The English Surgeon is an observational documentary par excellence, one whose easy intimacy with its title character marks it as something more. Although we never here director Smith speak within the film (for that, see the special features on this disc), his presence is still strongly felt, his unheard questions to Henry prompting responses whose honesty speaks volumes about the level of trust that Smith must have built with his subject. You get the impression that Henry not only has faith in Smith as a documentarian, but also that he genuinely likes him as a person, so feels able to talk openly about the risks associated with his work whilst sitting with a glass of wine in his hand in his living room one evening. The effect of this is to makes feel like guests that Henry has invited into his workplace and his home to share his thoughts on his profession and his mission. This engagement with the subject was enhanced further for me by a GP with whom I was once friends, a man who shared some of Henry's facial features and whose manner and vocal delivery were similar, including his sympathetic directness when delivering bad news.

Marian stays positive as the surgeons work to remove his tumor

The English Surgeon is a rare example of a film that does everything an observational documentary should do, and does so without the use of distracting flashy graphics or postmodernist visual tics. Smith and his cinematographer Graham Day (Smith also operated a second camera on certain setups) do a marvellous job of capturing faces, expressions, reactions and small details in a manner that makes the filmmakers – save for those moments when the subjects talk directly to them – feel truly invisible to those they are filming. Kathy O'Shea's editing is spot-on throughout, neatly juxtaposing shots at the start in a visual representation of the meeting of doctors and patient that is soon to occur, and at one point tellingly cutting to the SD footage of Tanja and Katja as Henry and Igor contemplate the emotional weight of having to deliver bad news. Topping things off is a gorgeously understated score by Nick Cave (yes, that Nick Cave) and Warren Ellis, which quietly underscores the mood and emotion of scenes without forcefully pushing buttons in the Hollywood feature mode.

In his interview on the special features, Henry states emphatically that he hates surgeons being portrayed as heroes, and one of the principal achievements of the film is that is breaks down some of the mythos that surrounds neurosurgery to show it as a medical procedure performed by good people not unlike ourselves. The peek it offers into the then run-down Ukrainian healthcare system, where serious medical conditions progress to an advanced and sometimes irreversible stage in part because the cost of treatment is beyond the pockets of ordinary people, should serve as a reminder of what we may end up going back to if our present government succeeds in its continuing efforts to run the NHS into the ground. But the core of the film remains the surgeon of the title, an immensely personable, highly skilled and dedicated humanitarian who absolutely lives by the quoted coda at the top of this review. Since the film was made, of course, Ukraine has been the victim of a brutal invasion by Russian forces, which has resulted in thousands of deaths and injuries on both sides, and now threatens the lives of the very people that Henry did all he could to save, and the country that he has come to love. There are real lessons here, for us as individuals, as well as for society and humanity as a whole. Indeed, at a time when we are constantly badgered by politicians and their client media to distrust and dislike just about anyone who differs from their narrowly defined norm and blame them for all our ills, this extraordinary film offers a deeply affecting corrective that we all could and should do well to learn from.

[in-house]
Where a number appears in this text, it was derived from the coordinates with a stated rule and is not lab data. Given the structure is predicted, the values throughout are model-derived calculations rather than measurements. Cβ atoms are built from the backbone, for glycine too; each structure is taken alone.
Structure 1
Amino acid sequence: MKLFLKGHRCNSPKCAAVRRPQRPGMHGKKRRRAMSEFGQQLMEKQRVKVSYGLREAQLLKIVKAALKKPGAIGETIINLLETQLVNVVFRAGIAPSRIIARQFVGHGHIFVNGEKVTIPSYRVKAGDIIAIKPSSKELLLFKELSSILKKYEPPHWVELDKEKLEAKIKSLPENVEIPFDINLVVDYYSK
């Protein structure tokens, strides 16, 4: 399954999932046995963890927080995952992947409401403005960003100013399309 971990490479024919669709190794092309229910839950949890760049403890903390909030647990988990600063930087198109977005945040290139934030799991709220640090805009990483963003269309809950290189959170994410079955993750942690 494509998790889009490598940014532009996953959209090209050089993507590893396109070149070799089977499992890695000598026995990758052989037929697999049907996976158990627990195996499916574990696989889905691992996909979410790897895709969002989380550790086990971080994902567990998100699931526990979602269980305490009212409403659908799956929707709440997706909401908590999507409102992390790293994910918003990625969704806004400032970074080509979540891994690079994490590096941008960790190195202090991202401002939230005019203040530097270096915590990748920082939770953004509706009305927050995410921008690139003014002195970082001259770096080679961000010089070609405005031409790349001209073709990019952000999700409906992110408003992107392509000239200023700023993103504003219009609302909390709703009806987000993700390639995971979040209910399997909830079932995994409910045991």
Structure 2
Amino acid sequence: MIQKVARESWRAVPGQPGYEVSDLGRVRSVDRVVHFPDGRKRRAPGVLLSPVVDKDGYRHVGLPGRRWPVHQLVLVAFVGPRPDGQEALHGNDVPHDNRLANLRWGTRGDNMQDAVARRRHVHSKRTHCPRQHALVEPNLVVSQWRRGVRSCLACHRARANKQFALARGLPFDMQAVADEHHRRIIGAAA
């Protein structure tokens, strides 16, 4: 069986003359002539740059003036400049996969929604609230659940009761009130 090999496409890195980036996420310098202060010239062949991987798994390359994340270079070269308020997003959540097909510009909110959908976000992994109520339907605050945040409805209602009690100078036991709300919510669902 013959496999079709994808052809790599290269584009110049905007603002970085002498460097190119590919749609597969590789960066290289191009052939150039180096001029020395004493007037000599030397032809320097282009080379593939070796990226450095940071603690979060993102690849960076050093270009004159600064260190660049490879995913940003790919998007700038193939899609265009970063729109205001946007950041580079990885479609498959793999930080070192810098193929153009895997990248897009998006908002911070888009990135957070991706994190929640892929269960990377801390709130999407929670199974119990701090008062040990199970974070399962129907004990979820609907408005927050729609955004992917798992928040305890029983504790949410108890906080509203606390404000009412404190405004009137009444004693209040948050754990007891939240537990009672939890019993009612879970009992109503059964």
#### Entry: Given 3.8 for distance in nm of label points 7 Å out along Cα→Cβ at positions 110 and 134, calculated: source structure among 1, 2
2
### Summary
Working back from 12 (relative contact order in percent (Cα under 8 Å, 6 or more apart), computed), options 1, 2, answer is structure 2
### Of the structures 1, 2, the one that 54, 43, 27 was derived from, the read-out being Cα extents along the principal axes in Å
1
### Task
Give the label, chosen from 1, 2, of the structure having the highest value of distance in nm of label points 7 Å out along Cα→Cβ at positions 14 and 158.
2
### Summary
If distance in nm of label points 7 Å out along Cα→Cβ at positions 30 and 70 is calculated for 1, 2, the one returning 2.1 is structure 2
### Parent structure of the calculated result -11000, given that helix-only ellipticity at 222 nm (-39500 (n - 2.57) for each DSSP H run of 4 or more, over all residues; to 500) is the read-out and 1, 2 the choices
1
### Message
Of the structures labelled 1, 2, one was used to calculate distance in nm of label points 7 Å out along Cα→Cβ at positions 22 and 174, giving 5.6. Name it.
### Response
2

sound and vision

Given the year of production and the fact that this was originally produced for the BBC's Storyville documentary strand, I suspect The English Surgeon was shot on HD video rather than film, though it does have an attractively filmic look at times, possibly the result of some quality post-production grading. That said, the HD material is occasionally supplemented by what looks like footage from lower resolution action cameras used to record conversations between Igor and Henry as they drive, and older SD footage of Henry's earlier meetings with Tanja and Katja, some of which also displays some rather coarse digital grain. Given that the film was shot under available light in a variety of lighting conditions, including living rooms at night, the sharpness and colour range does vary a little throughout, but even at its most challenging the image on this 1.78:1 transfer is robust. If you truly want to judge its quality, take a look at the early film shot of the face of Igor's pet cat, or the close-ups of faces during Marian's operation, which are pin-sharp with excellent colour and contrast. Given the variance in the material, this is a terrific job all round.